Another ideal state for living off the grid is Vermont. The land is available and reasonably priced. Water, as well as lumber and rock for construction, are readily available. (Find the Best Reclining Camping Chairs With Footrest)
In most areas, resources are accessible, and zoning permits for living off the grid are available. Avoid larger cities and towns in search of counties that are more open to living off the grid.
Not only is it easy to see how to live off the grid legally without lots of red tape, but the state of Missouri as a state to live this way encourages it.
Residents are free to collect rainwater and are not required to have septic systems in their homes throughout the state. A composting toilet could satisfy sewage regulations.
On lots of land in Missouri, natural resources for building a home and other constructions are available.
Property prices and taxes are within reach, and land in the Cascade Mountain region has good timber. People ask, is. It is illegal to live off the grid here, but it appears they are welcome in the state.
You can find the Three Rivers Recreation Area, which operates grid solar energy and water supply for shared solar power systems, and the Breitenbush, Hot Springs area, which is two of the state’s largest off-grid regions.
Is it Legal to Live Completely Off the Grid?
Is off-grid living illegal? It is against the law to live off the grid sometimes.
Off-grid living means being cut off from the public power grid, so you need to produce your own energy. Off-grid living isn’t unlawful, and p[producing your own energy via solar, etc., is a safe and legal way to live off the grid.
Growing your own food is both a form of self-sufficiency and a legal form of living off the grid. Off-grid living has a home with no connection.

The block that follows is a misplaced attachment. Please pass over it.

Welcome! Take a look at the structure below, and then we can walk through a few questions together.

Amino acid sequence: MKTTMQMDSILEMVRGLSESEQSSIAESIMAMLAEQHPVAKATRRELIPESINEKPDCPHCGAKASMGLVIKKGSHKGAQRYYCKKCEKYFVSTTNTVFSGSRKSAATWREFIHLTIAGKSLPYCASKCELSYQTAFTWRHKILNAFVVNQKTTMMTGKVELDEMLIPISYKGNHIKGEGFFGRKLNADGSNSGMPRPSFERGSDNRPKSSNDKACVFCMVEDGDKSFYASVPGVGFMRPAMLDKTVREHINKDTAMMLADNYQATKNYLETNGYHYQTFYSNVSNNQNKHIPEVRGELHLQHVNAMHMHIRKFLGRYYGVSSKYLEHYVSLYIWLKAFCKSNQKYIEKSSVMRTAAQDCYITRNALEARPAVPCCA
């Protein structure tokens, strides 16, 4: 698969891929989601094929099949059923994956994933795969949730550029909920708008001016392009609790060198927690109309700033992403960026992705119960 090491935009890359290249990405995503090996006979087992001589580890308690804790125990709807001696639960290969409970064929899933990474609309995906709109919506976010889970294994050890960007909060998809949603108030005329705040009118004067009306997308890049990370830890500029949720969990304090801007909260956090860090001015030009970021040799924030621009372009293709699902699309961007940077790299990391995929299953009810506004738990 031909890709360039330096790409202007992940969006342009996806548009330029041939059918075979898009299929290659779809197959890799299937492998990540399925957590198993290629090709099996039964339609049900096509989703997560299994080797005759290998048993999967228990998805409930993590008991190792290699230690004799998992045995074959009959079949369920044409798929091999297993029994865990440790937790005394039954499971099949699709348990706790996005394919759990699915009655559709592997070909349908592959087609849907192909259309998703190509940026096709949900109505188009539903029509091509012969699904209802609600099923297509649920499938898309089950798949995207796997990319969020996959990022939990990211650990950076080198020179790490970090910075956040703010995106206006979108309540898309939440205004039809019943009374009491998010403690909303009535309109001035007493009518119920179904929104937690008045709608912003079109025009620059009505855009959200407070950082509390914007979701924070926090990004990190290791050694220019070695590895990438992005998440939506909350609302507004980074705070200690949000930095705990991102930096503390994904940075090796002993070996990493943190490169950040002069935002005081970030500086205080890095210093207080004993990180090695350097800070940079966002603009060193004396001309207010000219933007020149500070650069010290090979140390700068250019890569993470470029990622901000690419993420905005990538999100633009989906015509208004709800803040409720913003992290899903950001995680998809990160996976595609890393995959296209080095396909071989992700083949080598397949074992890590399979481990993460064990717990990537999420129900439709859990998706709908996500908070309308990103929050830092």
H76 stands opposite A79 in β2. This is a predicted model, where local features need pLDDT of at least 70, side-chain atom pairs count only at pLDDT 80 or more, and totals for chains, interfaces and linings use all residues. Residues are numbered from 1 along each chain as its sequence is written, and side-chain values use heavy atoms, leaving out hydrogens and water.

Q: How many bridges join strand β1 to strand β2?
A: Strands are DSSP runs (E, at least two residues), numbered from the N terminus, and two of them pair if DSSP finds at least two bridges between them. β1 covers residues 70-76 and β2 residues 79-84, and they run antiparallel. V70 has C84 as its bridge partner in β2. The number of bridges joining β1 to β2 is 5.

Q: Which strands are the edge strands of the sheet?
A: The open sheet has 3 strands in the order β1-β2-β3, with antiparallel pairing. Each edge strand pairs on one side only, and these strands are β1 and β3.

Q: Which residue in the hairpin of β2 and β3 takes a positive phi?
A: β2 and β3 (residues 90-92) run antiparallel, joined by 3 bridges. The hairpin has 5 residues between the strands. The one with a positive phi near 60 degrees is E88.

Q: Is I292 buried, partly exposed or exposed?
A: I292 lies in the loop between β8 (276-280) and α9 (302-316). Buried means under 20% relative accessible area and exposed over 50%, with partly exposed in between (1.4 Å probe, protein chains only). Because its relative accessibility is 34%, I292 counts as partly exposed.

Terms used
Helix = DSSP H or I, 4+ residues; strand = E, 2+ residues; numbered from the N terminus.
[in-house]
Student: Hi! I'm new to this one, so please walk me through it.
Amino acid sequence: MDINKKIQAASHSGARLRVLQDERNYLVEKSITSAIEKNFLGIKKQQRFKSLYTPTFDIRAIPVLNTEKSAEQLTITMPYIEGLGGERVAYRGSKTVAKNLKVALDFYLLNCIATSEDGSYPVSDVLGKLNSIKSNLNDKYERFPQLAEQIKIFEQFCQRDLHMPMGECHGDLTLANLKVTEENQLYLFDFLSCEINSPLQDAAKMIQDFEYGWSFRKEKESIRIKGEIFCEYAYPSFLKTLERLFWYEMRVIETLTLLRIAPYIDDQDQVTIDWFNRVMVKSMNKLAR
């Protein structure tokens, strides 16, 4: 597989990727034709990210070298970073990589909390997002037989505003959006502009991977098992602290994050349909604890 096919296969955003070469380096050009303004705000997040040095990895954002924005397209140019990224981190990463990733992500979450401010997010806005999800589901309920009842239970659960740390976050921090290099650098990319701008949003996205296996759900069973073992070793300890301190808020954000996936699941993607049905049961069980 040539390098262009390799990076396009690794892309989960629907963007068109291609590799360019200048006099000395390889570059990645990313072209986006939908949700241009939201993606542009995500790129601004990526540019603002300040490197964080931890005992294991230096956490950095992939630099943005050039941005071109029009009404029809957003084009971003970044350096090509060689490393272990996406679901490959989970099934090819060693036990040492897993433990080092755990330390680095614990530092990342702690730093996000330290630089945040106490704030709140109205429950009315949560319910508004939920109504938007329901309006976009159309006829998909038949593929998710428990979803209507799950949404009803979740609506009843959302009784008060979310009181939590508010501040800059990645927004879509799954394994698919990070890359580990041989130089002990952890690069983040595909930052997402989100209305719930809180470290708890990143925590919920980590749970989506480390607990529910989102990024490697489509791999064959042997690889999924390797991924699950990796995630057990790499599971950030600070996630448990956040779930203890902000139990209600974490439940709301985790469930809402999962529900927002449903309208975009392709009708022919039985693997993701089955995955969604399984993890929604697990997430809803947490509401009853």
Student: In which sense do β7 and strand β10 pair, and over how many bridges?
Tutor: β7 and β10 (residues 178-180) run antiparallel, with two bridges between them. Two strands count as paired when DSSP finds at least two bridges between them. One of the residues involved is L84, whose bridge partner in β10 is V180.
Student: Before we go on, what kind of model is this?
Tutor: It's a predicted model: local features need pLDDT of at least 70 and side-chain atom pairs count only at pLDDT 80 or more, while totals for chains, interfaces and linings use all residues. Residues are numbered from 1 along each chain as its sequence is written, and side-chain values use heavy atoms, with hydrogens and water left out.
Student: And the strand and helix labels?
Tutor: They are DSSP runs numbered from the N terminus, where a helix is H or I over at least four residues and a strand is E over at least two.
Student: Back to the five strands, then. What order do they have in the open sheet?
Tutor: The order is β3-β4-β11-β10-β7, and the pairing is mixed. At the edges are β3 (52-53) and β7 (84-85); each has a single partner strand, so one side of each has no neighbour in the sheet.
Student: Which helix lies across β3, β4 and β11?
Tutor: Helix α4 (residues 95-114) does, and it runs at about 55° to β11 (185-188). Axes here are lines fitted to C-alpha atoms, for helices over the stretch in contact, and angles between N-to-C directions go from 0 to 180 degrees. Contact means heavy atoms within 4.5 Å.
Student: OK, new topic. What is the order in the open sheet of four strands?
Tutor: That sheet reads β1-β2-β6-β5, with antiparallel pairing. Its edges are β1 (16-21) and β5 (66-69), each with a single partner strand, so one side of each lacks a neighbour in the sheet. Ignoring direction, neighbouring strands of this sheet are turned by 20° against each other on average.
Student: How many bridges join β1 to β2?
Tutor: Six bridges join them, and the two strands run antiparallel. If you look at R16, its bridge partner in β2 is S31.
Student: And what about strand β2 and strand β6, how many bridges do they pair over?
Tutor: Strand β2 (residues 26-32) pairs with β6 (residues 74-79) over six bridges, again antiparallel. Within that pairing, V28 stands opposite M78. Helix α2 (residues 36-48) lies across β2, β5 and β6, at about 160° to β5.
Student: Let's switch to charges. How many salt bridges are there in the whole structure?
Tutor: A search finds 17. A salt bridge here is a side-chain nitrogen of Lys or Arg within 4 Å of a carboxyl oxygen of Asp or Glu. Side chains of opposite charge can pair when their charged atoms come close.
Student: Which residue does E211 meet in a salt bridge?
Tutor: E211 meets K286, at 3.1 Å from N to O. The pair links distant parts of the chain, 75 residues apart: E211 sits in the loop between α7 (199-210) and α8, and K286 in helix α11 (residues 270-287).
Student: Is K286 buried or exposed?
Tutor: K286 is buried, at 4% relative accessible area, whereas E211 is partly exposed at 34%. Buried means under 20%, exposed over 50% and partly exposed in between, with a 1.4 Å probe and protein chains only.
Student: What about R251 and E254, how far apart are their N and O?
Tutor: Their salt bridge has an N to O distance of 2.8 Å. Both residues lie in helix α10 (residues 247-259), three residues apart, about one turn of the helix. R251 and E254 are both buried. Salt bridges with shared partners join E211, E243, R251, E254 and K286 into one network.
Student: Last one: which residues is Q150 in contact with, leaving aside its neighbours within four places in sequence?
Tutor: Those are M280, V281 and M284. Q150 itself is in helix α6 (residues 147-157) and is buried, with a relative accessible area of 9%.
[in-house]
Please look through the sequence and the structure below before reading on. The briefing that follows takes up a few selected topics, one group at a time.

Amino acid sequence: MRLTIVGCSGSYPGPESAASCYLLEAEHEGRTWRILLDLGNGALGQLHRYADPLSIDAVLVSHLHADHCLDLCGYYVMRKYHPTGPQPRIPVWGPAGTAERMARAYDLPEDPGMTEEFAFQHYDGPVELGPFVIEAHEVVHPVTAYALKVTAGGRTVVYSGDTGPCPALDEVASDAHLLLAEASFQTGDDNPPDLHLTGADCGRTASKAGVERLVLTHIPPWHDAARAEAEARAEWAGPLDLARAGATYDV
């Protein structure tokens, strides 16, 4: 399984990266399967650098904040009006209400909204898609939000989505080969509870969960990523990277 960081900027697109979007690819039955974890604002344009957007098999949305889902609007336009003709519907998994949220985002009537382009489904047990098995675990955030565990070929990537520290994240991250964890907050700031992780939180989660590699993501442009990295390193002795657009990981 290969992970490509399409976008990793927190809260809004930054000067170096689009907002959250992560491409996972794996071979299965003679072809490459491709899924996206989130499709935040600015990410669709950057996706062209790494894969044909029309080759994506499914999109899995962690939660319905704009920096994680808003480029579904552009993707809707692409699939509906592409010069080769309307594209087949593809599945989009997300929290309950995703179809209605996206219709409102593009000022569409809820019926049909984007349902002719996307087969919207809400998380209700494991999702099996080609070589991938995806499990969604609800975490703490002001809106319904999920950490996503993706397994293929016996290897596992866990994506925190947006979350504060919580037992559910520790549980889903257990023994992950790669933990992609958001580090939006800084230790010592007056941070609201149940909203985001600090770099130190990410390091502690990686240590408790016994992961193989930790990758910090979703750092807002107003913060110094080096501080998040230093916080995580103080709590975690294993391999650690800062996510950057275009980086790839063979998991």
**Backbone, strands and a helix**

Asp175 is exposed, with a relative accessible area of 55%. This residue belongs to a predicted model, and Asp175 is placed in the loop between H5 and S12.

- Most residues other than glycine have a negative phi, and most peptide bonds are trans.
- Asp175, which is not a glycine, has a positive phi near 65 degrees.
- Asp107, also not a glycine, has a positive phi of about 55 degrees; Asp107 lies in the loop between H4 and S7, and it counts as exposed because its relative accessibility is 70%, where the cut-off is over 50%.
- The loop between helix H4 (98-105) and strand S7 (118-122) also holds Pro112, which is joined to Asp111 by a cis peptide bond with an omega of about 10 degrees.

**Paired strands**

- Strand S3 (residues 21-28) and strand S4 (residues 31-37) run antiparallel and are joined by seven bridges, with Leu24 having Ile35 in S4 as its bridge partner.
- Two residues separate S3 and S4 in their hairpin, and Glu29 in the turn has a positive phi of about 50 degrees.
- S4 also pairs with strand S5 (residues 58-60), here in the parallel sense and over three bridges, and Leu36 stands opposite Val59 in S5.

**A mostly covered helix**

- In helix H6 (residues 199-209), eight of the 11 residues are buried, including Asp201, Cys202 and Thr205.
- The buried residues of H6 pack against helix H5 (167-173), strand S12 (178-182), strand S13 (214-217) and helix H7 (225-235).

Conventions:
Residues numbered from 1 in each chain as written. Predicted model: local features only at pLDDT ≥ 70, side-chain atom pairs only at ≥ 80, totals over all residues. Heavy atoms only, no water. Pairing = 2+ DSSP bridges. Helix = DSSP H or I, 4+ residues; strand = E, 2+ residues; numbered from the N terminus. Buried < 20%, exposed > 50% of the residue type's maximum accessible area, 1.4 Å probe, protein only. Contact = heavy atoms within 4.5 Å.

Much of the rules and regulations are with building codes and what the local counties or states determine as legal by how you live.
Off-Grid Regulations: No matter how nice the view, it won’t help if your state’s laws are too restrictive. You can find building codes and material requirements, as well as prohibitions on disconnecting from the electricity grid and sewage system. In a rural region, you typically discover fewer laws.
Property Taxes: Annual property taxes can affect how much land you can purchase and if living on the site long-term is workable. Can you camp on your own property? In fact, you can’t camp easily on your own property, and regulations go much deeper as to why you can’t.
Weather and Climate: Depending on how you live, growing seasons may be vital for an off-grid homestead to sustain itself. Agricultural-grade land and natural resources are also worth considering.
Cost of living: Being off-grid doesn’t mean you won’t have any cost of living. There is much more to this life than restrictions, permits, and electricity.
Can You Live Off the Grid With No Money?
Can you camp on your own land be a major hurdle to overcome, yet the dream of living off-grid has another obstacle, and that is what to do for money?
Is it legal to live off the land? In the above states, you can get a good idea of which regions allow you to live from the land as long as you have your other things in place first. Freshwater, a septic system all permit whether you can do such a thing.
Each county has its regulations, so understanding these is vital before picking a country to set up camp or even consider purchasing land.
Money can be an issue of how you live unless you have enough not to worry about it. Being self-sufficient is another step of how to live off-grid.
Here are a few ways you could do this if you are in the right situation.
- Get free or low-cost land
- Build a free house
- Gather and grow naturally abundant foods
- Purify spring water
- Set up cheap waste disposal/sewage or septic system